Here's the equation in C:

x = a * x * (1.0 - x);Very simple. The variable x is some variable in between 0 and 1, and a is a fixed constant between 0 and 4.

The interesting part of this is when we execute this equation over and over. For small values of a the result is kinda boring, it converges to some fixed point and stays there. However once you start increasing a, some interesting things pop up. Here is a graph with a = 2.9..4 on the x-axis, and x = 0..1 on the y-axis:

At a = 3, the system no longer has a single fixed point, and begins to oscillate between two points. And around 3.45 it forks again into 4 points, and so on. Eventually you move into regions where it is chaotic, and doesn't really settle down. However even more interesting is how the chaotic regions break up into non-chaotic regions temporarily, and then go back to being chaotic. If you zoom in on these non-chaotic intervals you end up seeing that the region looks the same as the larger picture - which is why this is a fractal, it shows self-similarity.

Why would a programmer care about this? Well it's an example of a simple, completely deterministic discrete system that does not always stabilize, depending on the values of the parameters. It's possible for us to create much more complicated software systems that maybe have the same property - if we run the system 1000 times to see how it behaves, the 1001st (th?) time may still have completely different results. Same for the 1 000 000th and 1 000 001st times. The picture above is with 1000 iterations, but when I up it to 1 000 000 iterations the picture still looks the same (just takes longer to render). Because parts of this system are chaotic, no matter how many times you iterate it will not converge.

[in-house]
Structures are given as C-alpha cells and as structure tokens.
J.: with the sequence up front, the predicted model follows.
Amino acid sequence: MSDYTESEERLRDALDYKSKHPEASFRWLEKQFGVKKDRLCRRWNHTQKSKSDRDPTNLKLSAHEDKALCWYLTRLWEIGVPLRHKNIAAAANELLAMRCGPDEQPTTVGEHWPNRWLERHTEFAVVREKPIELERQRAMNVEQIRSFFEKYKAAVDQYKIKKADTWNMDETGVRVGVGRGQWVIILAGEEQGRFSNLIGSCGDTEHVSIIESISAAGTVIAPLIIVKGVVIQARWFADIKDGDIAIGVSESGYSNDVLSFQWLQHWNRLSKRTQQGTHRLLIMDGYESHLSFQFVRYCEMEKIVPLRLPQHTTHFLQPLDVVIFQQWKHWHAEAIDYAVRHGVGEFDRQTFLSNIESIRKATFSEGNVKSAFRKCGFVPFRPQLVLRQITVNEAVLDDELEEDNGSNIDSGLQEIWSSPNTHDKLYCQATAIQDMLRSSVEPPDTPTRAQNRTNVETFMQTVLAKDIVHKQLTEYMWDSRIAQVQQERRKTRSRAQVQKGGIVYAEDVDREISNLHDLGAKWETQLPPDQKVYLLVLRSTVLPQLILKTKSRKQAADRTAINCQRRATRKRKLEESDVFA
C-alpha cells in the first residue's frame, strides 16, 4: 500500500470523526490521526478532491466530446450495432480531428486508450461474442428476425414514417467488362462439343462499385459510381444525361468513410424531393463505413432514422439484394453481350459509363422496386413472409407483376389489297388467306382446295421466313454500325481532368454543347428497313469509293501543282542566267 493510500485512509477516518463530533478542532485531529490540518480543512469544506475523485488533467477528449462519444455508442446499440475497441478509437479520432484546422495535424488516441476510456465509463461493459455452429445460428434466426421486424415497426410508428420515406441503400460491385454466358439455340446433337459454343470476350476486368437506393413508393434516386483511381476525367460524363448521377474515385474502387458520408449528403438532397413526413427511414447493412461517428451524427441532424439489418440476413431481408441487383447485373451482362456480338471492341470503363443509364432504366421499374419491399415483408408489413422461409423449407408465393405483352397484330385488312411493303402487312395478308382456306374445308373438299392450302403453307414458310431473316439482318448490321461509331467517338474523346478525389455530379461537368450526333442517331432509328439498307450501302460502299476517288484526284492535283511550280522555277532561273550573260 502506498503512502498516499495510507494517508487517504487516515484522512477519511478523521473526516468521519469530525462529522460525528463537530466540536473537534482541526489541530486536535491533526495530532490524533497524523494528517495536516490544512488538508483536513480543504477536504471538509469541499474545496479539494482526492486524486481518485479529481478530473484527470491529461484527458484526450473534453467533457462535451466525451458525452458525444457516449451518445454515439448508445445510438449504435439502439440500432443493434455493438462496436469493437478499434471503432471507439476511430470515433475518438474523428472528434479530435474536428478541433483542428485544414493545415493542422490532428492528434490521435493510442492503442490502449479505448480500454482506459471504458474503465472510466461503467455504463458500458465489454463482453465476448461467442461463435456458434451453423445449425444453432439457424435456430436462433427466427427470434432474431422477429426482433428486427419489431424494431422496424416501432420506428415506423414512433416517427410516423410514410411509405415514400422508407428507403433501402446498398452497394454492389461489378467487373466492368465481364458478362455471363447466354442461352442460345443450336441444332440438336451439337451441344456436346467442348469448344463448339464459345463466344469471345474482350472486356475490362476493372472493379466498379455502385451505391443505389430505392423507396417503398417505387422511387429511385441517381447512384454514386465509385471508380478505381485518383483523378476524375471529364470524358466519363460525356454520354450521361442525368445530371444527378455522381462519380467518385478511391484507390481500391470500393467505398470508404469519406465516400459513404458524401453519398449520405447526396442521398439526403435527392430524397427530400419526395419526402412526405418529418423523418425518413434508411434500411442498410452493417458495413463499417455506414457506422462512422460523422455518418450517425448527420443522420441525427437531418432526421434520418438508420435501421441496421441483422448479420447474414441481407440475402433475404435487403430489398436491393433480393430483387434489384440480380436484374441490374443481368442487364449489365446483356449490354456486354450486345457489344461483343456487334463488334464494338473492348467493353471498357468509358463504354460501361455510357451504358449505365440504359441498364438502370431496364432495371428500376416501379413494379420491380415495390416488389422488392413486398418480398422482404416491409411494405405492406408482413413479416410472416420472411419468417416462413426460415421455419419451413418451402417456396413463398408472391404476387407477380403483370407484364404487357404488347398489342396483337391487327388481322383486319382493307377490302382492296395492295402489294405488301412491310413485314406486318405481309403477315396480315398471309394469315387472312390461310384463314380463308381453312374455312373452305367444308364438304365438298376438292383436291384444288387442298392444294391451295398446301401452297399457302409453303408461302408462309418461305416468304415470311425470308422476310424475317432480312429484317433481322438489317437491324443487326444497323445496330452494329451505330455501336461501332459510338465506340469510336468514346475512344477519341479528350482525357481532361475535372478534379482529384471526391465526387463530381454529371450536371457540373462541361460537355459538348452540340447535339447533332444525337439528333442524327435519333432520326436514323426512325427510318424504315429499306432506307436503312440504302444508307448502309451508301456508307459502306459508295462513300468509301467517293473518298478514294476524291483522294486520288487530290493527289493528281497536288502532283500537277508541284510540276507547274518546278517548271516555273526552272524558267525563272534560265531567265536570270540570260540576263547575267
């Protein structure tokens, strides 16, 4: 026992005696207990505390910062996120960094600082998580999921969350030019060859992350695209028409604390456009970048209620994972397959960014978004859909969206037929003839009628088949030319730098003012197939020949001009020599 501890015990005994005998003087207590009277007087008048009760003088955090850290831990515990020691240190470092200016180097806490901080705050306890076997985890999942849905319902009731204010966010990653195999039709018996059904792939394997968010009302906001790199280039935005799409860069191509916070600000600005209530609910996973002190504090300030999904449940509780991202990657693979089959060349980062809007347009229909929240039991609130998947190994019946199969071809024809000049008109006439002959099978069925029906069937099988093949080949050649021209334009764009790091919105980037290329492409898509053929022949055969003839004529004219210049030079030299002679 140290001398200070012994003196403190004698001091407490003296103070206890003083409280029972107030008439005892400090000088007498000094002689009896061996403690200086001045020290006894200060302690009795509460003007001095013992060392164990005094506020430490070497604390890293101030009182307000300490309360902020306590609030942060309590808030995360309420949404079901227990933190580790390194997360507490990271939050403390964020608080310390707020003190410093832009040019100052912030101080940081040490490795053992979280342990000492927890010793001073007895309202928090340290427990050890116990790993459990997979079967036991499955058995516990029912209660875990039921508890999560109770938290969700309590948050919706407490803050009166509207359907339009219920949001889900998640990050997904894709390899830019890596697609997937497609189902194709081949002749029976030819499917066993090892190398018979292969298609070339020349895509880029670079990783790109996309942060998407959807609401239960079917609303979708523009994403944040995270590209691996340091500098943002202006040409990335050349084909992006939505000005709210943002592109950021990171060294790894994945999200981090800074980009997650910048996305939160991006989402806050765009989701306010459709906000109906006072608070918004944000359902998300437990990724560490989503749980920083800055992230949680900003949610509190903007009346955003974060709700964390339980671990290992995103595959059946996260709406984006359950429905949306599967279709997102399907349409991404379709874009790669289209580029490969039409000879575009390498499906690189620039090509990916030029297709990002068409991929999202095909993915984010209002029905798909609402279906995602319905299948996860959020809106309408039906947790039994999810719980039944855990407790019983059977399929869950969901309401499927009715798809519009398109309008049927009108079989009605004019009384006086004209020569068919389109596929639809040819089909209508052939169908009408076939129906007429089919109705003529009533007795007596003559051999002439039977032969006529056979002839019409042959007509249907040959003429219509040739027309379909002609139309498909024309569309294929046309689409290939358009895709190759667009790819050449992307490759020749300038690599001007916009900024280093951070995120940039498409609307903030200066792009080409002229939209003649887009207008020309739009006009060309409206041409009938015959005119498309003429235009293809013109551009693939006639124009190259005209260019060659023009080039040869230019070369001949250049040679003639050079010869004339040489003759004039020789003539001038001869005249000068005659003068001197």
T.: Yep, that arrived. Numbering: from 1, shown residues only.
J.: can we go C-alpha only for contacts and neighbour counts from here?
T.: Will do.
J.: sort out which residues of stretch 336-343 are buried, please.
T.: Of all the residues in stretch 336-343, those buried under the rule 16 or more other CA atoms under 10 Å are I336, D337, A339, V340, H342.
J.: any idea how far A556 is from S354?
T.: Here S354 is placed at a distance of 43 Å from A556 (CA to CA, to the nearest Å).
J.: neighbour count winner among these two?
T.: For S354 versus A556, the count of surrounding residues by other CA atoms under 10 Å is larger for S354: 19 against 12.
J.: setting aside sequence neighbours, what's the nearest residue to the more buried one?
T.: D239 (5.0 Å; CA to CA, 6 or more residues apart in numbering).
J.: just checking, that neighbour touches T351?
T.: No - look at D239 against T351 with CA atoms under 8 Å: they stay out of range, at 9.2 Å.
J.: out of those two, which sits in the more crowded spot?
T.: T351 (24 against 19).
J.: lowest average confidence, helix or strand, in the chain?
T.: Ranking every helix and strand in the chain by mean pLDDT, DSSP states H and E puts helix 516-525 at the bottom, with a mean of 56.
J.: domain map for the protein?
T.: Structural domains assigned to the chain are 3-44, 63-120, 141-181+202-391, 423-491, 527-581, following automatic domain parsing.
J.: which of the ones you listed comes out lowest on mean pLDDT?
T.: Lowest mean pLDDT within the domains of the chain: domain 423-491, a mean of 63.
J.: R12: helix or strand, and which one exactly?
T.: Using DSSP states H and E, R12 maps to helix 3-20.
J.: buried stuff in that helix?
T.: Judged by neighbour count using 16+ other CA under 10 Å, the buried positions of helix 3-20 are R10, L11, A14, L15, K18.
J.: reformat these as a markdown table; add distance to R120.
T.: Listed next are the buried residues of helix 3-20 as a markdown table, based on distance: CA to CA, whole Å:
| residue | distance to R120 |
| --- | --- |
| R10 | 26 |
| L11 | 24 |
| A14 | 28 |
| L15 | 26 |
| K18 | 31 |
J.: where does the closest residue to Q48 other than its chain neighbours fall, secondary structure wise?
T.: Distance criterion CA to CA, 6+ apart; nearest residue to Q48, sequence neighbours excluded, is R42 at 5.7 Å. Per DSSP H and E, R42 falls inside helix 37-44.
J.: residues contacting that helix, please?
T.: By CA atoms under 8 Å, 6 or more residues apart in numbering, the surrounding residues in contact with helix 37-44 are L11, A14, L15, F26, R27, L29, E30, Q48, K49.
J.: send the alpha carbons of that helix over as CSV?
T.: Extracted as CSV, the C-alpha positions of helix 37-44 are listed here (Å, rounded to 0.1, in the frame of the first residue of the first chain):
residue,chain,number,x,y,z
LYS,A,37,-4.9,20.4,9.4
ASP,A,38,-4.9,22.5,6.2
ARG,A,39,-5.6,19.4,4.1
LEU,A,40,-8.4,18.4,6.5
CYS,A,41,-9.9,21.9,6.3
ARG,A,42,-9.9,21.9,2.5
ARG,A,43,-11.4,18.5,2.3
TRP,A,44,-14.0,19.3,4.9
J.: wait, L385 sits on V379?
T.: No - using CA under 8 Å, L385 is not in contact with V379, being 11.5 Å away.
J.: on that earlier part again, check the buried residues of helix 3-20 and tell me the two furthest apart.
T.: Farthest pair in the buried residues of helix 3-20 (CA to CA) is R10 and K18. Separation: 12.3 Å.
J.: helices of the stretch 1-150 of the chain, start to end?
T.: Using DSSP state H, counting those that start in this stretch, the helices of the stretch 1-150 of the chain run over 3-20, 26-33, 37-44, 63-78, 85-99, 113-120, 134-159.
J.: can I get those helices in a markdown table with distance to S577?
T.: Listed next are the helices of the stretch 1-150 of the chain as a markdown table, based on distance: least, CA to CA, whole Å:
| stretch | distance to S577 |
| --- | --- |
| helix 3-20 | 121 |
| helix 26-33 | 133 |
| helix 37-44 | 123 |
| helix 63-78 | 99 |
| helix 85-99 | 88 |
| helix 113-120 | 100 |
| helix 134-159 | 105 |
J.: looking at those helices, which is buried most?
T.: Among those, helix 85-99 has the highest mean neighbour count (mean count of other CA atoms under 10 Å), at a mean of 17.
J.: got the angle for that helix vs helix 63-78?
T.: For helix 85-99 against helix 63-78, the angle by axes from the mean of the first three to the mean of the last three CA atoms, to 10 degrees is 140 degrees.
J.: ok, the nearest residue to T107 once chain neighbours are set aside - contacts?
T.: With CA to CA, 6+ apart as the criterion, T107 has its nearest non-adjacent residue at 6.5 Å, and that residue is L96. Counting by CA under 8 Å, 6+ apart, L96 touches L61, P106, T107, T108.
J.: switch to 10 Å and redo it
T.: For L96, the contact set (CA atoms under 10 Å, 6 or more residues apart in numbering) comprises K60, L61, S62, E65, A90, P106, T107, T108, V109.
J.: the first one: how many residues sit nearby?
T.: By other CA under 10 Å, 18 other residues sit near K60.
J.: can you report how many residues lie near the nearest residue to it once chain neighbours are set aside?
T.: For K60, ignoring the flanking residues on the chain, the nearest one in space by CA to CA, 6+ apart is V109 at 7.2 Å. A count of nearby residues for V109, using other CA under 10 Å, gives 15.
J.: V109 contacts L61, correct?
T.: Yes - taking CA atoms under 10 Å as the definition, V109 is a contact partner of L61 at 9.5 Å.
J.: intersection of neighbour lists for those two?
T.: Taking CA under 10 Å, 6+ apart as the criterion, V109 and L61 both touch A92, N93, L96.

In short, an awareness of chaotic systems might be helpful when testing your programs.

If you want to see the code that generated image I have put up a gist that you can look at.

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